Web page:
The City Council briefly discussed the proposals during a workshop discussion Tuesday about the city’s vision and goals for the next two years.
Officials said this week that the incentives were aimed at producing more owner-occupied duplexes and three-unit buildings, as well as making it easier for city and school employees to live in Auburn.
He said one of the goals of the new council is to “increase opportunities for owner-occupied, multiunit buildings throughout the city,” especially in areas that already have public utilities.
Mayor Jason Levesque said using the federal money toward development incentives aligns with the allowed uses of the federal funds, but also local goals to increase housing options in Auburn amid a shortage.
Levesque said Wednesday that the idea behind it is to add an incentive to the work the city is doing to reconfigure zoning to allow for more housing types. He said in this case, the city is hoping to spur more redevelopment of in-fill properties that have historically been undeveloped due to zoning. Now, he said, someone could build a duplex in a downtown neighborhood with an empty lot, and live in one of the units while renting the other.
The first program would offer a grant of up to $10,000 per unit for the owner-occupied duplexes and three-unit buildings for “infrastructure hook up, and site preparation.” According to the proposal, the owner would be required to occupy one unit for a minimum of five years.
The second part of the program would provide an incentive for “current and future Auburn city and school employees” to relocate to the city.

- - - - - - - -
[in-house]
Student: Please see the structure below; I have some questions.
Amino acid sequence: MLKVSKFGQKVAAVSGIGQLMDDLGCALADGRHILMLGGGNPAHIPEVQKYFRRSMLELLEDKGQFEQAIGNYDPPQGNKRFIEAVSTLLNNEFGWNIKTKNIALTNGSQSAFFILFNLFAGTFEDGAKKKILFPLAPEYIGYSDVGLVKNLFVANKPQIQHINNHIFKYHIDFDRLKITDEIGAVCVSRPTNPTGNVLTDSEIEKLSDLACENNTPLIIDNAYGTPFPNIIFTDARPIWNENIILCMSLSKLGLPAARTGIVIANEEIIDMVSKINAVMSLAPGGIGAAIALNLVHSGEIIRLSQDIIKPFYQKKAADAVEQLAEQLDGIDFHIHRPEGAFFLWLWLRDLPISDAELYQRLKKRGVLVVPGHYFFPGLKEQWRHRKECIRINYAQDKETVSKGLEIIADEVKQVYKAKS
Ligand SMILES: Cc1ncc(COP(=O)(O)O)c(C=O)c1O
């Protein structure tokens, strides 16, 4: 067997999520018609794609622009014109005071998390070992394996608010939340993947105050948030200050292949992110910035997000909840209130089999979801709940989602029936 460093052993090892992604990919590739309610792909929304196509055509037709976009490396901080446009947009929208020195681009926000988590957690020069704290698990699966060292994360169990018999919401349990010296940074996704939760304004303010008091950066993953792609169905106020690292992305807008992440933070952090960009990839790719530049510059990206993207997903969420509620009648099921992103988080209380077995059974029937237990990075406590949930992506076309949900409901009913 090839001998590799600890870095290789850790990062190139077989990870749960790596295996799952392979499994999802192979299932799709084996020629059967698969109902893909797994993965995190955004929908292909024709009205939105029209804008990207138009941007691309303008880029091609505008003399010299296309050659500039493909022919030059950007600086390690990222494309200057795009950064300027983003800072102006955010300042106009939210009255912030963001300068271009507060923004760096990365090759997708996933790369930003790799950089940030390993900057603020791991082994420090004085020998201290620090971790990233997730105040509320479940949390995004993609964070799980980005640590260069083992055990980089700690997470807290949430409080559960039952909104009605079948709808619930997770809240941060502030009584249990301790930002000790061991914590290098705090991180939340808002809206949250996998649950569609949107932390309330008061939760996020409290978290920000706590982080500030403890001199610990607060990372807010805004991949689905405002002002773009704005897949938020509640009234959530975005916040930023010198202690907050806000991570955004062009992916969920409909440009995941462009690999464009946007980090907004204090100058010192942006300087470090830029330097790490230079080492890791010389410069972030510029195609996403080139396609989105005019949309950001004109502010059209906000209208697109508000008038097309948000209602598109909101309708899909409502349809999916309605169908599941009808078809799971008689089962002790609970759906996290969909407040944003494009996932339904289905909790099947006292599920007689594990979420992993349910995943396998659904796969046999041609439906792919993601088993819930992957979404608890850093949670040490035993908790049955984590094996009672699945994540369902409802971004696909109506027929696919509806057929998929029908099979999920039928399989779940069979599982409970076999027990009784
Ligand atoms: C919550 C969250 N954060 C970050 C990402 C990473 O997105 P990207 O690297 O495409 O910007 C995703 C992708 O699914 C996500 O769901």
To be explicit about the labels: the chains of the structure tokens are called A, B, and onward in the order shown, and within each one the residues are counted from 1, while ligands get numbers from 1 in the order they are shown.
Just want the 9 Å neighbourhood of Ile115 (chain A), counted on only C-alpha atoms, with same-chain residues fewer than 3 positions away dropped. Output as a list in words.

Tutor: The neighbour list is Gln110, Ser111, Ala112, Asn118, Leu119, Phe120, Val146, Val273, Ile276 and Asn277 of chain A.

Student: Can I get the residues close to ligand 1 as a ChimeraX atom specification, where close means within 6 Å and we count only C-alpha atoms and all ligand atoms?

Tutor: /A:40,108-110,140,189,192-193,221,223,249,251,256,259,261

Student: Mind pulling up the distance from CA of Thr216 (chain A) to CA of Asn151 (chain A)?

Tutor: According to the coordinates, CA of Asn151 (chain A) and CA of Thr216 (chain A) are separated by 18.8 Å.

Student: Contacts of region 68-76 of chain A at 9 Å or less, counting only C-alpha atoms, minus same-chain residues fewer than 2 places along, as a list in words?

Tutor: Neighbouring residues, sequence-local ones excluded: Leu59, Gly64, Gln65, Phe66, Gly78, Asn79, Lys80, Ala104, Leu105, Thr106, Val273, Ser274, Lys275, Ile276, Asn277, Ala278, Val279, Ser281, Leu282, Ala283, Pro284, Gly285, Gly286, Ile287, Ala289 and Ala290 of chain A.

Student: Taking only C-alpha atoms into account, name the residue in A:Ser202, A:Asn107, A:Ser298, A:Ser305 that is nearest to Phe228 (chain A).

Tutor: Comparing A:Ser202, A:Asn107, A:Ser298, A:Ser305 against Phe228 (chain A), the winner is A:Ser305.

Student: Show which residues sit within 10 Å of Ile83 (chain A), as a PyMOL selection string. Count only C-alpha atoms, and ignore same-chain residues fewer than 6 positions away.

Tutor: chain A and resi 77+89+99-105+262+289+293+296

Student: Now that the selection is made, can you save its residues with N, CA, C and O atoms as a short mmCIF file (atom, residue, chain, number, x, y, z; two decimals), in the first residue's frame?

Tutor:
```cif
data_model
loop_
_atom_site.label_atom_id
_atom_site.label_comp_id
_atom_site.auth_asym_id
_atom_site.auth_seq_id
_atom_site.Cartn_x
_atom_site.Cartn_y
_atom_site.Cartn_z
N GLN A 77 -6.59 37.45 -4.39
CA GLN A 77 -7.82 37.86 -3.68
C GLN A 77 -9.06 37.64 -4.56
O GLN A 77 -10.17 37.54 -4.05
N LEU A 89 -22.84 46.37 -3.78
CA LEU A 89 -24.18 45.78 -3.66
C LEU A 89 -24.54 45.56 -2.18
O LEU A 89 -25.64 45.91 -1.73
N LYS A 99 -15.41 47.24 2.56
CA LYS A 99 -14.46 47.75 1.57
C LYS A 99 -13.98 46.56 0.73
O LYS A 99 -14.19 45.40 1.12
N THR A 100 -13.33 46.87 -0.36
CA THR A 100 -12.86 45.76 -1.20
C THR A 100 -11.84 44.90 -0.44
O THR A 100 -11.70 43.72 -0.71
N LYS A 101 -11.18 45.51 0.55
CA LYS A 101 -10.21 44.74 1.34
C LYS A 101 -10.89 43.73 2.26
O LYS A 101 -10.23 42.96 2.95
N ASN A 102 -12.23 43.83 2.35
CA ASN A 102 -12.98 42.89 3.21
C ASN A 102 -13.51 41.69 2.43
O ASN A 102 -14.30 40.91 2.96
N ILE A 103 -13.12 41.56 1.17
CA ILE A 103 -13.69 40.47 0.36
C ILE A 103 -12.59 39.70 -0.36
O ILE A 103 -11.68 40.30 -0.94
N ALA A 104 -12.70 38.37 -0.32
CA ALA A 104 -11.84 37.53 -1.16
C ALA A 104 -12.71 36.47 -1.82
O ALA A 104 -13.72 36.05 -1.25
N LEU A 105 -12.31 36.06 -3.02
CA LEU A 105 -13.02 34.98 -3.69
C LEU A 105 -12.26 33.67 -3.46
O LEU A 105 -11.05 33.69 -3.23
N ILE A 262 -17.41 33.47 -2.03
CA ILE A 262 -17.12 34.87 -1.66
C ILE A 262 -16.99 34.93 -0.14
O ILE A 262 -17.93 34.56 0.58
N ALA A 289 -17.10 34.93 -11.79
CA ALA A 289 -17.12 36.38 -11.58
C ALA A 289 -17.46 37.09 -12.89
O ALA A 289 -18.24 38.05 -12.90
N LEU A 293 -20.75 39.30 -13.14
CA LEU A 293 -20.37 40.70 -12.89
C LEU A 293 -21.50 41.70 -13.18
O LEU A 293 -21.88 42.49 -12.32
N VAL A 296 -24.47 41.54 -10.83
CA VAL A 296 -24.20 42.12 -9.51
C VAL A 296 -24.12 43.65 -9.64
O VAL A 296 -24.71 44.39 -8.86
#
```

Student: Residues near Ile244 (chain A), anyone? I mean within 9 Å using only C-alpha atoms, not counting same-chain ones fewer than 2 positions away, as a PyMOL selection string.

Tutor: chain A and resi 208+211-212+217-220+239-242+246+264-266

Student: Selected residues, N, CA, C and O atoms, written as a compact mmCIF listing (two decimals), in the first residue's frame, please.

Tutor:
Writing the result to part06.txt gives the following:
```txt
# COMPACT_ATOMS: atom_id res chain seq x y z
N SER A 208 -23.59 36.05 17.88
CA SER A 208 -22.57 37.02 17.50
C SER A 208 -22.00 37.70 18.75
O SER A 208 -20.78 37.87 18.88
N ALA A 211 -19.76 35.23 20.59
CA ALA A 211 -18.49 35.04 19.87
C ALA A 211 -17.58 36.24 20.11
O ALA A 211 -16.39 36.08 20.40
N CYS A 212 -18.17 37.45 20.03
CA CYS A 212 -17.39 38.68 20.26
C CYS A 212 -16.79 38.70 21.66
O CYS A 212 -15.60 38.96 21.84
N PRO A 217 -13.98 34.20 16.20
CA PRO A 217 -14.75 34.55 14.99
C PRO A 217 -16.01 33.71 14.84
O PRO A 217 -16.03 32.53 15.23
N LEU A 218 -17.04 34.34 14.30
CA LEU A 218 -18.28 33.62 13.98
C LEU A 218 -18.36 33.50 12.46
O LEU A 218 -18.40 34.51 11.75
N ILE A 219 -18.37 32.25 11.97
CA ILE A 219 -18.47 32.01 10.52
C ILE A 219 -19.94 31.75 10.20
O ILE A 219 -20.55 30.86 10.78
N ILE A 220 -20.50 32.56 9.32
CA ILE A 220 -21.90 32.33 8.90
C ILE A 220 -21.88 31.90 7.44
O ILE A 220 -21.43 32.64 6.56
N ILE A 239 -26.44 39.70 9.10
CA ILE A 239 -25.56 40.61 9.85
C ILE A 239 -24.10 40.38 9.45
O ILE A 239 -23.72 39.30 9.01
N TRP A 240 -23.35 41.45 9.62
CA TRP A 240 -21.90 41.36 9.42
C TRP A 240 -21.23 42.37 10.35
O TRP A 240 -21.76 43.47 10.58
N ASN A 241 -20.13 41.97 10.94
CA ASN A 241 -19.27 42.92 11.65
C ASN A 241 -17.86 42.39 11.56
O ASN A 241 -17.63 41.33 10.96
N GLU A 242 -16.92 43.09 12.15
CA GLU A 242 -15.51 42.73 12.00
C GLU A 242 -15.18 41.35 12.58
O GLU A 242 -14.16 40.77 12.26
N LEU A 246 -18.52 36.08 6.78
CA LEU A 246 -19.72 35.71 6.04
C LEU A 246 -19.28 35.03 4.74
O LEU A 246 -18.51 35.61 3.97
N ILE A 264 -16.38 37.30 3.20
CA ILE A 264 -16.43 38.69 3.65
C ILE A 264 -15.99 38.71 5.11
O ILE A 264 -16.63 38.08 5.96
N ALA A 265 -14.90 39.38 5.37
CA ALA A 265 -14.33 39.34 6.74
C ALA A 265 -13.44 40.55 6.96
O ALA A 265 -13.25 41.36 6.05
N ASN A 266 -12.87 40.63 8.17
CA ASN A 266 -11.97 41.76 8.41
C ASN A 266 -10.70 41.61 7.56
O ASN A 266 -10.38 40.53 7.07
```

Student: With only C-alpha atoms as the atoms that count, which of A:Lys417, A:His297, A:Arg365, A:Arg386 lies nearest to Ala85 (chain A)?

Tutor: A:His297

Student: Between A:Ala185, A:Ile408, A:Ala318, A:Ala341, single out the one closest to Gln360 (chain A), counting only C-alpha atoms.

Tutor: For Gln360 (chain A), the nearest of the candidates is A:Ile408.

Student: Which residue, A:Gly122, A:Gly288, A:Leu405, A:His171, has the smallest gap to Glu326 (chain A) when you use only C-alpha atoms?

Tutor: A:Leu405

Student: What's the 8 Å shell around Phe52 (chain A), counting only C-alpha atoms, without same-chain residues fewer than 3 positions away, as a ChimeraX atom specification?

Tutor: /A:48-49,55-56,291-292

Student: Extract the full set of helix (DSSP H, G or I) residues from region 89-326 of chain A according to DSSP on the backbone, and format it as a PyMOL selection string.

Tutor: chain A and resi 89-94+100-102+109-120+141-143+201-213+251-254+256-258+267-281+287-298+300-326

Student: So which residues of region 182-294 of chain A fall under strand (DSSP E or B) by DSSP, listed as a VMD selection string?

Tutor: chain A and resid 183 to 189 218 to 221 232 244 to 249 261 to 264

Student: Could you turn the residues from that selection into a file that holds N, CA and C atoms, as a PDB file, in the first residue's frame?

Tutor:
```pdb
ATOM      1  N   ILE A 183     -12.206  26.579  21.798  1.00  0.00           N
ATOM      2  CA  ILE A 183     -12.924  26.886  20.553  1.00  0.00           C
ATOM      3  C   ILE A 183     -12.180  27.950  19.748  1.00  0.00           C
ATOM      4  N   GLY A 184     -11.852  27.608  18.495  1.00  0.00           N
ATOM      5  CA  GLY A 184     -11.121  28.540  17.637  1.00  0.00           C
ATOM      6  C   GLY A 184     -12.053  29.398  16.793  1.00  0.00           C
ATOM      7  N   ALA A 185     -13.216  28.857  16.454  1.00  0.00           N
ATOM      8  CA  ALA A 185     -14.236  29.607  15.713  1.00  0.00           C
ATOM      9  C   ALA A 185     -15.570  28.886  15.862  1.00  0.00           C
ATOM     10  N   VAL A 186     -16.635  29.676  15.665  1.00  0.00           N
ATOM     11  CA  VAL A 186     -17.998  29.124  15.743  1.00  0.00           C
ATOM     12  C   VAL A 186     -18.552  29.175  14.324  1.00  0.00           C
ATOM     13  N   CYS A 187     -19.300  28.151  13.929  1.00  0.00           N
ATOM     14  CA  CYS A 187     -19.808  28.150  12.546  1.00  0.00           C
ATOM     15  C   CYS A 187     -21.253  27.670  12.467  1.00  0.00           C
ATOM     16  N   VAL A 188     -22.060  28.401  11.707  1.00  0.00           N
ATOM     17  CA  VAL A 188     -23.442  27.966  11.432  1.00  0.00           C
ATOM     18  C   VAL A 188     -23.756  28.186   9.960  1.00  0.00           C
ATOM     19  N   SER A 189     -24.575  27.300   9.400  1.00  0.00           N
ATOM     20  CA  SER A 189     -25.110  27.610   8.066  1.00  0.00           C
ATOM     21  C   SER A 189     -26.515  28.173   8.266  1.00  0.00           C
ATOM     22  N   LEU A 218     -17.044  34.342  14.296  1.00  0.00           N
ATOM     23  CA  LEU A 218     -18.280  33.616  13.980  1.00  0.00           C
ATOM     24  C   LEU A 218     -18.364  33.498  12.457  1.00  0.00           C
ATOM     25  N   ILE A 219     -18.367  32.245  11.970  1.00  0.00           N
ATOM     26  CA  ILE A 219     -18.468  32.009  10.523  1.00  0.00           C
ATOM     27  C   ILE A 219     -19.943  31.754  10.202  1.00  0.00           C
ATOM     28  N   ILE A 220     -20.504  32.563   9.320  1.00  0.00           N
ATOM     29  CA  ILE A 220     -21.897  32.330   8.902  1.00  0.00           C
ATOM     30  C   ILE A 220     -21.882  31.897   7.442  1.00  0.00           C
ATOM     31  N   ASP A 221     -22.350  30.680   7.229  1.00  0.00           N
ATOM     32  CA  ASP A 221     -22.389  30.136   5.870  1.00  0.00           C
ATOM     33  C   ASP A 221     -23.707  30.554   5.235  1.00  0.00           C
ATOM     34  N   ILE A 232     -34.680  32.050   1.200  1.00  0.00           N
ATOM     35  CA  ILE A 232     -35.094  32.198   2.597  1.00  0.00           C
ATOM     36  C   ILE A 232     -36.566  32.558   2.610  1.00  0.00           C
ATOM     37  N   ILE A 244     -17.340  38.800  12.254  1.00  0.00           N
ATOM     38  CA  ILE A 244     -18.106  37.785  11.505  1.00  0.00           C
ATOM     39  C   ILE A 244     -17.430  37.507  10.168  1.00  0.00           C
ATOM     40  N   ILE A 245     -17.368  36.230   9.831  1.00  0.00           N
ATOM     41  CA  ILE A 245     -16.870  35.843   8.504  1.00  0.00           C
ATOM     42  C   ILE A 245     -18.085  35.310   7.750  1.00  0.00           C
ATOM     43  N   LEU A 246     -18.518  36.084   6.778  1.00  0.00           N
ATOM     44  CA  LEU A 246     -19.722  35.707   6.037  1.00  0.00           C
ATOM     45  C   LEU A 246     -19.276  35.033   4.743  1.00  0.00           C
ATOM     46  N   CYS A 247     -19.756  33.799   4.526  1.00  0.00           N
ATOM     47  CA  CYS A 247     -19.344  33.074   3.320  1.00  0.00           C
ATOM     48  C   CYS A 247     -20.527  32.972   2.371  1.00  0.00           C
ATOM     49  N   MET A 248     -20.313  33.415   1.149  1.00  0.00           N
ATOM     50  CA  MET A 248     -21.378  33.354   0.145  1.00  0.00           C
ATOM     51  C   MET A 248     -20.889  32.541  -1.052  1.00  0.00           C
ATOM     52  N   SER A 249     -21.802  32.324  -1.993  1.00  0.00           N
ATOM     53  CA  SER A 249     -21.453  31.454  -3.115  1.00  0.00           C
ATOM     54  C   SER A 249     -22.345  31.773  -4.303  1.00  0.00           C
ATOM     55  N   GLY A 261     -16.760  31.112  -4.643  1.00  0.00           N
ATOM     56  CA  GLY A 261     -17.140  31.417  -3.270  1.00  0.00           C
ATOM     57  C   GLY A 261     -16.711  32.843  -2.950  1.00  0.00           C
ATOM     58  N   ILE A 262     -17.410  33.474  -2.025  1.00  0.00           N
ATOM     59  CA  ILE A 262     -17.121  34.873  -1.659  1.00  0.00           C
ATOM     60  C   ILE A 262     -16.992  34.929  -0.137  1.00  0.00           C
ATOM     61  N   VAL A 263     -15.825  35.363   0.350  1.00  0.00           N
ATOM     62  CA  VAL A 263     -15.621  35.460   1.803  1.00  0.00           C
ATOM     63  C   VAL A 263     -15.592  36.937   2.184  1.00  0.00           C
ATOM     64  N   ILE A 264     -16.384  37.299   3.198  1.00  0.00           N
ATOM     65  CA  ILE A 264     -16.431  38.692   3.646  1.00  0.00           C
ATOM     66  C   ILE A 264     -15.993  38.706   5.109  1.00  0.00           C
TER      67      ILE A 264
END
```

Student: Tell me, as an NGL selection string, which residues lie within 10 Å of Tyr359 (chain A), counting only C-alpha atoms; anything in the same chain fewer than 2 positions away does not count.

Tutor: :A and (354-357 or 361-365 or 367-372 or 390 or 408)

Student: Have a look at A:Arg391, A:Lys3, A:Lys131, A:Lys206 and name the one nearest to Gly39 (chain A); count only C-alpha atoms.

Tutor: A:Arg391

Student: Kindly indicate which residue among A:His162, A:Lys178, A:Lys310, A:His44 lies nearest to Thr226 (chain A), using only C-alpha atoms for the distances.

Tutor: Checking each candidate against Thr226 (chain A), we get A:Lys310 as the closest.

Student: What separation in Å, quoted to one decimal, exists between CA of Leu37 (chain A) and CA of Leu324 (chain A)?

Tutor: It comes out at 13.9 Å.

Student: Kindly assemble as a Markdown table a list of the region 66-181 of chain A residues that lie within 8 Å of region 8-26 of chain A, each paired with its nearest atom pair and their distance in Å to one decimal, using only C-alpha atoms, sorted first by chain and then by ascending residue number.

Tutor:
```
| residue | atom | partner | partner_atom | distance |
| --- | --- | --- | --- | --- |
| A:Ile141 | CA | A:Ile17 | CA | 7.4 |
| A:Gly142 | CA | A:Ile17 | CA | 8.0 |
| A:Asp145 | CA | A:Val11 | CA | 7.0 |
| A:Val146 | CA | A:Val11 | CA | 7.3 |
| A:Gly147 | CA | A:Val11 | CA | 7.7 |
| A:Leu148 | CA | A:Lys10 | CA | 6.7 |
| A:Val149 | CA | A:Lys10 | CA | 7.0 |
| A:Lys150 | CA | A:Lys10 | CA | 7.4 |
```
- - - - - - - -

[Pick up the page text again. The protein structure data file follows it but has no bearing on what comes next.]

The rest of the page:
According to the proposal, a new employee could apply for a grant of up to $20,000 per unit for a single-family, or owner-occupied duplex and or three-unit home construction. The employee would be required to maintain employment with the city and occupy the building for a minimum of five years.
Levesque said Wednesday that he sees it as an “incentive to get people back in Auburn,” and as a recruitment tool for people just out of college. He said there was a time when the majority of city employees lived in the community. A memo said that with more staff living within the city, “issues will be addressed quicker and neighborhood bonds will be strengthened.” It also said it could “further enhance Auburn’s reputation as an employer of choice in a tight hiring market.”
During the discussion Tuesday, City Manager Phil Crowell said the city’s goals align with its own strategic plan, but also with the state’s goals of “making housing more attainable.” The proposal calls for each incentive to use $500,000 in American Rescue Plan Act money. Levesque said the city has two years to spend the money that, if approved, Auburn will know within the next few months whether the programs are being utilized. The funding could always be rolled into another use, he said.
Councilors gave an informal nod of approval Tuesday, but official votes on the incentives are planned for February. Auburn received some $13 million from the American Rescue Plan Act, and has allocated a small portion of it.
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